The National Trust was founded 125 years ago this month and the conservation charity is using the anniversary to unveil a series of initiatives to step up its battle against climate change.
The trust – which has more than 500 historic houses, castles, parks and gardens, as well as 250,000 hectares of countryside and 780 miles of coastline – aims to become carbon net zero by 2030. As part of this, it plans to plant 20 million trees over the next decade.
“Climate change is causing a crisis – from floods to fires, nature is in peril,” says Hilary McGrady, the director general of the National Trust. “Not only do we have an ambition to reach net zero, we have a clear plan of how we are going to get there in 10 years.
“Our plan involves building on our decision last year to disinvest from fossil-fuel companies, by reducing our own energy use. We will do this by continuing to switch to renewable energy sources, reducing emissions from our farmed and let estate, and managing our supply chain to tighter carbon targets.”
The National Trust has 145 Accredited museums – 8.3% of the total – making it the largest single owner of museums in the UK.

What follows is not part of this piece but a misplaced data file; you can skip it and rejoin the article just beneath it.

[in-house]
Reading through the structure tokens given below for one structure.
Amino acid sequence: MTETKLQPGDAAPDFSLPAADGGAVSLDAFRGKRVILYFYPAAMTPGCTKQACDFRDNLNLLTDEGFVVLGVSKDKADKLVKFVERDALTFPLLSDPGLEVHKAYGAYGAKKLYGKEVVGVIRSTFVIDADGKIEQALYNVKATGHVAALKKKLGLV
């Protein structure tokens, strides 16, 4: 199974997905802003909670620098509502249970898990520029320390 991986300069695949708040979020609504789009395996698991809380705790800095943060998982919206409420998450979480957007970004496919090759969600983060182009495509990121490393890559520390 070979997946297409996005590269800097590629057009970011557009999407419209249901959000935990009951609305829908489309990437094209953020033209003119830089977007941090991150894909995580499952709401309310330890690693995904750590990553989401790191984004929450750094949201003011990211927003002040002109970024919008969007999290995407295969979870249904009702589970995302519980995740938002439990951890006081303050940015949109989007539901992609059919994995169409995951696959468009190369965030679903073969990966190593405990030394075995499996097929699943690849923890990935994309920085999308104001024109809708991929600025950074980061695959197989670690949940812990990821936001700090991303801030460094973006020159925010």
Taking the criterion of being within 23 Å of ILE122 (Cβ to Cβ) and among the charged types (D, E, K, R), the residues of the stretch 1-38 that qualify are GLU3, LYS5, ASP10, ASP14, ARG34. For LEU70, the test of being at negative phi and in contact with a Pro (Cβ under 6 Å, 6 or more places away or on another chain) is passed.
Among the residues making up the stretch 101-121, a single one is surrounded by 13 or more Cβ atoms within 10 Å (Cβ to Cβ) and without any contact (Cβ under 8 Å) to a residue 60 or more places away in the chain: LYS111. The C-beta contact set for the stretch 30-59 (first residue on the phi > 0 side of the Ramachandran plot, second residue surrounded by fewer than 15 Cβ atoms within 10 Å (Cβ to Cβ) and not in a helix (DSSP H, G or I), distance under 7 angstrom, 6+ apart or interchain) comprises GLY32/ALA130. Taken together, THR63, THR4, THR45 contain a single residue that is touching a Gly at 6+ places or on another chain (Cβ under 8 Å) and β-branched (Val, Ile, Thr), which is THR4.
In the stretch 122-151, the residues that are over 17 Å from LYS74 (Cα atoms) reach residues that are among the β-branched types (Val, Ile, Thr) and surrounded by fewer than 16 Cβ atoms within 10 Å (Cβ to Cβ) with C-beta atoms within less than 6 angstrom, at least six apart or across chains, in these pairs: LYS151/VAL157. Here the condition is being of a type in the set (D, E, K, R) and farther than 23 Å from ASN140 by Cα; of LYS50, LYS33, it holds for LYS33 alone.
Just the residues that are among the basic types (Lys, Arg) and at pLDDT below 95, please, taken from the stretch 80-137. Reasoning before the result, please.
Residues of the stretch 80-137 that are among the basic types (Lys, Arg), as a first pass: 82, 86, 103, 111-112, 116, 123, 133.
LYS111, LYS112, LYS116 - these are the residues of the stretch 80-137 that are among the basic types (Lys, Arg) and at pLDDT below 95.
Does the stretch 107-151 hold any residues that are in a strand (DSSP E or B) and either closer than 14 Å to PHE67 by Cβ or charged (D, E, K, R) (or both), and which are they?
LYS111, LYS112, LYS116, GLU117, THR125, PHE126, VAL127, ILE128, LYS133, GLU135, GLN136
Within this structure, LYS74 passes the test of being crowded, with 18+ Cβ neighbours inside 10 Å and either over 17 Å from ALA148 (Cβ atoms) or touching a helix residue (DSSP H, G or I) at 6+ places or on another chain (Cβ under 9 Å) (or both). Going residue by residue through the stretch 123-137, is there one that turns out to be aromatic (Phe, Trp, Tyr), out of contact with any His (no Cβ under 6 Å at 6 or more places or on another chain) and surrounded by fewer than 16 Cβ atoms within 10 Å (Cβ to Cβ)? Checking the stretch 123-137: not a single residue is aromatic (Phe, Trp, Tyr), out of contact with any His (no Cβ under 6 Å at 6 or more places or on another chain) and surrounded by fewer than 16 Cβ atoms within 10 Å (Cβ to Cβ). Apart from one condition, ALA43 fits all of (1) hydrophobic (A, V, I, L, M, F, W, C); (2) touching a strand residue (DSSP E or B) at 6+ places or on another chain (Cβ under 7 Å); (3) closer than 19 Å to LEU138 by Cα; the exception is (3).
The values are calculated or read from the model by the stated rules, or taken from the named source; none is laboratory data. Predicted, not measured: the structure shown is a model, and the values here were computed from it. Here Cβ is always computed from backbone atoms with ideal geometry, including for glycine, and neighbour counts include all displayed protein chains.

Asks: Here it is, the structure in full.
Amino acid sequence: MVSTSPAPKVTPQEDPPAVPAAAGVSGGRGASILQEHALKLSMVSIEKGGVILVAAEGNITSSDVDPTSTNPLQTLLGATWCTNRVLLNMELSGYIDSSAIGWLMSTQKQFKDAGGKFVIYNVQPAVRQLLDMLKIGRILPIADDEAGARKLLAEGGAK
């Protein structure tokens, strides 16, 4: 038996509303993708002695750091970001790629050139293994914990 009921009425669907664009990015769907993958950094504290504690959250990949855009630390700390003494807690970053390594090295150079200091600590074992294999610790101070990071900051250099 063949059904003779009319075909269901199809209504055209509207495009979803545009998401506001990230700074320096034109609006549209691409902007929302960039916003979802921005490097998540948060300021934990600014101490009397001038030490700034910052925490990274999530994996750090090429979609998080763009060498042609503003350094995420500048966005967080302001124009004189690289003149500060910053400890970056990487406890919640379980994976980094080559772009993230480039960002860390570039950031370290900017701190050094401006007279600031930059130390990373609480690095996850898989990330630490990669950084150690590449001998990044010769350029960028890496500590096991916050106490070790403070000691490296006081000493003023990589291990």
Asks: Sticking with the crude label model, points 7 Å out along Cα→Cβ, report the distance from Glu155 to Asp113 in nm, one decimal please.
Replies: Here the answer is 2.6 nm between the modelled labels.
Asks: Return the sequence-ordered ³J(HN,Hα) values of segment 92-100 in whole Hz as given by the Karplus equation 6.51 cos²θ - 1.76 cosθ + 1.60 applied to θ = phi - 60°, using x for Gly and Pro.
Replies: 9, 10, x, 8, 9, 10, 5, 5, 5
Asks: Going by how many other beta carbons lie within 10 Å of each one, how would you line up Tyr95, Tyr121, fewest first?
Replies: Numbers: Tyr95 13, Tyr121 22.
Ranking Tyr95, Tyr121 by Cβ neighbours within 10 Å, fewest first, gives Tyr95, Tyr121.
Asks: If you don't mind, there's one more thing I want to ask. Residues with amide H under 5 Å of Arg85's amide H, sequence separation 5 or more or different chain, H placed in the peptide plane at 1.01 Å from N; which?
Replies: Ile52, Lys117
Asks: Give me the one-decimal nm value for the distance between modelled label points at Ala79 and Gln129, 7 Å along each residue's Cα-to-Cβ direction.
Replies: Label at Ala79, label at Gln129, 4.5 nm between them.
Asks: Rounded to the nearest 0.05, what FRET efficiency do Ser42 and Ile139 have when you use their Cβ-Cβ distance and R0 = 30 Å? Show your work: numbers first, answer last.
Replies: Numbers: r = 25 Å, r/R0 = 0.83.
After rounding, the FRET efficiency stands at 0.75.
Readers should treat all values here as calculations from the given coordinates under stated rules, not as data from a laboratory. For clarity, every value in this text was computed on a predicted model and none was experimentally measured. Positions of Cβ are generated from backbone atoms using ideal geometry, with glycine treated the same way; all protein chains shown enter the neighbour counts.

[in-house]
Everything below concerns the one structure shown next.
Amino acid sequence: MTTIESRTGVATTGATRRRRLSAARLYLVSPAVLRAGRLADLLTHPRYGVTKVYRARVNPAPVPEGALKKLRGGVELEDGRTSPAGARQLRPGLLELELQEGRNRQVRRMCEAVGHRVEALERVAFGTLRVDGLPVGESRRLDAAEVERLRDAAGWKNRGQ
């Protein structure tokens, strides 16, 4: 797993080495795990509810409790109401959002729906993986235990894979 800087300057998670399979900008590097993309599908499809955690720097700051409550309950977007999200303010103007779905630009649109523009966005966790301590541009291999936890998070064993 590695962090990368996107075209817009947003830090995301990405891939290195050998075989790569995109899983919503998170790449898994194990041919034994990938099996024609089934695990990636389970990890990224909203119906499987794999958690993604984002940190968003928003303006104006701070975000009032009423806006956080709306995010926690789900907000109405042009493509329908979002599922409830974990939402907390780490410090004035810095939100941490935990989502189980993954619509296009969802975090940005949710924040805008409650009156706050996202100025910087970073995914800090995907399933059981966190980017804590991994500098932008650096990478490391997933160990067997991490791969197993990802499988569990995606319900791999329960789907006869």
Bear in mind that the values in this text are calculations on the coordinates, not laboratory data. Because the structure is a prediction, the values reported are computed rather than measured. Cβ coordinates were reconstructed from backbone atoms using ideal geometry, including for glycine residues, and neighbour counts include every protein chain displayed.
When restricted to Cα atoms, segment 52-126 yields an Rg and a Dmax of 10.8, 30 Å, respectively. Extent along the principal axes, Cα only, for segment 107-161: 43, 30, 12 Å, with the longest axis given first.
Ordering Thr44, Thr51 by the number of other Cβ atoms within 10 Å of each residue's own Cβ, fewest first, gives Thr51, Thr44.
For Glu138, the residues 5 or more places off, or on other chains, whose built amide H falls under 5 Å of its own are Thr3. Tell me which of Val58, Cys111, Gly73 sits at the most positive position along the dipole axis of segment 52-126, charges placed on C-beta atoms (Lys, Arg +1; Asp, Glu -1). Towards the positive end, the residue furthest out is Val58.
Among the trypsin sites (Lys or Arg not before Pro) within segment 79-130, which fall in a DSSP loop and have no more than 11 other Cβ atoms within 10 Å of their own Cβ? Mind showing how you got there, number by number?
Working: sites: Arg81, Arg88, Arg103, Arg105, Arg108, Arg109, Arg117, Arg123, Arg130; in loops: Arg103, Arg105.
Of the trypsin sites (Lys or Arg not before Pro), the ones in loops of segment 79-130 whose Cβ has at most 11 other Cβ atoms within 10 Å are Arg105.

But one of the challenges it faces is that many of its 26.9 million visitors a year arrive by car – and the trust is not including the impact of its visitors in its carbon targets.
“We have started to look at ways that could encourage people to travel in a more sustainable way, be that through car sharing or working with organisations like Sustrans to find ways to get to our properties without having to drive,” says McGrady. “Our properties are in rural areas – that is the reality we are dealing with. Nonetheless, we are mindful of that and I think that will be phase two of where we are going.”
The trust plans to invest £2.2m a week in restoring its properties. This year, plans include two multimillion-pound projects in Suffolk: a scheme to repair the roof at Ickworth House and opening a viewing tower at Sutton Hoo, which is the final stage of a £4m investment.
McGrady is keen for non-members to benefit from the trust’s work, and she wants more people living in cities to be able to walk to areas where they can experience nature. To help achieve this, the trust aims to create a series of “green corridors”.
“I want people to be able to walk and make the connection from their window box or garden to their local park, and from park to farmland and then on out to open space beyond the city,” says McGrady, who cites an existing route from Sheffield city centre to the Peak District.
“We are mapping where such corridors might be possible and we will work with the many, many partners out there also keen to achieve the same sort of benefits for nature and people. By 2030, I hope to have established up to 20 of these corridors.”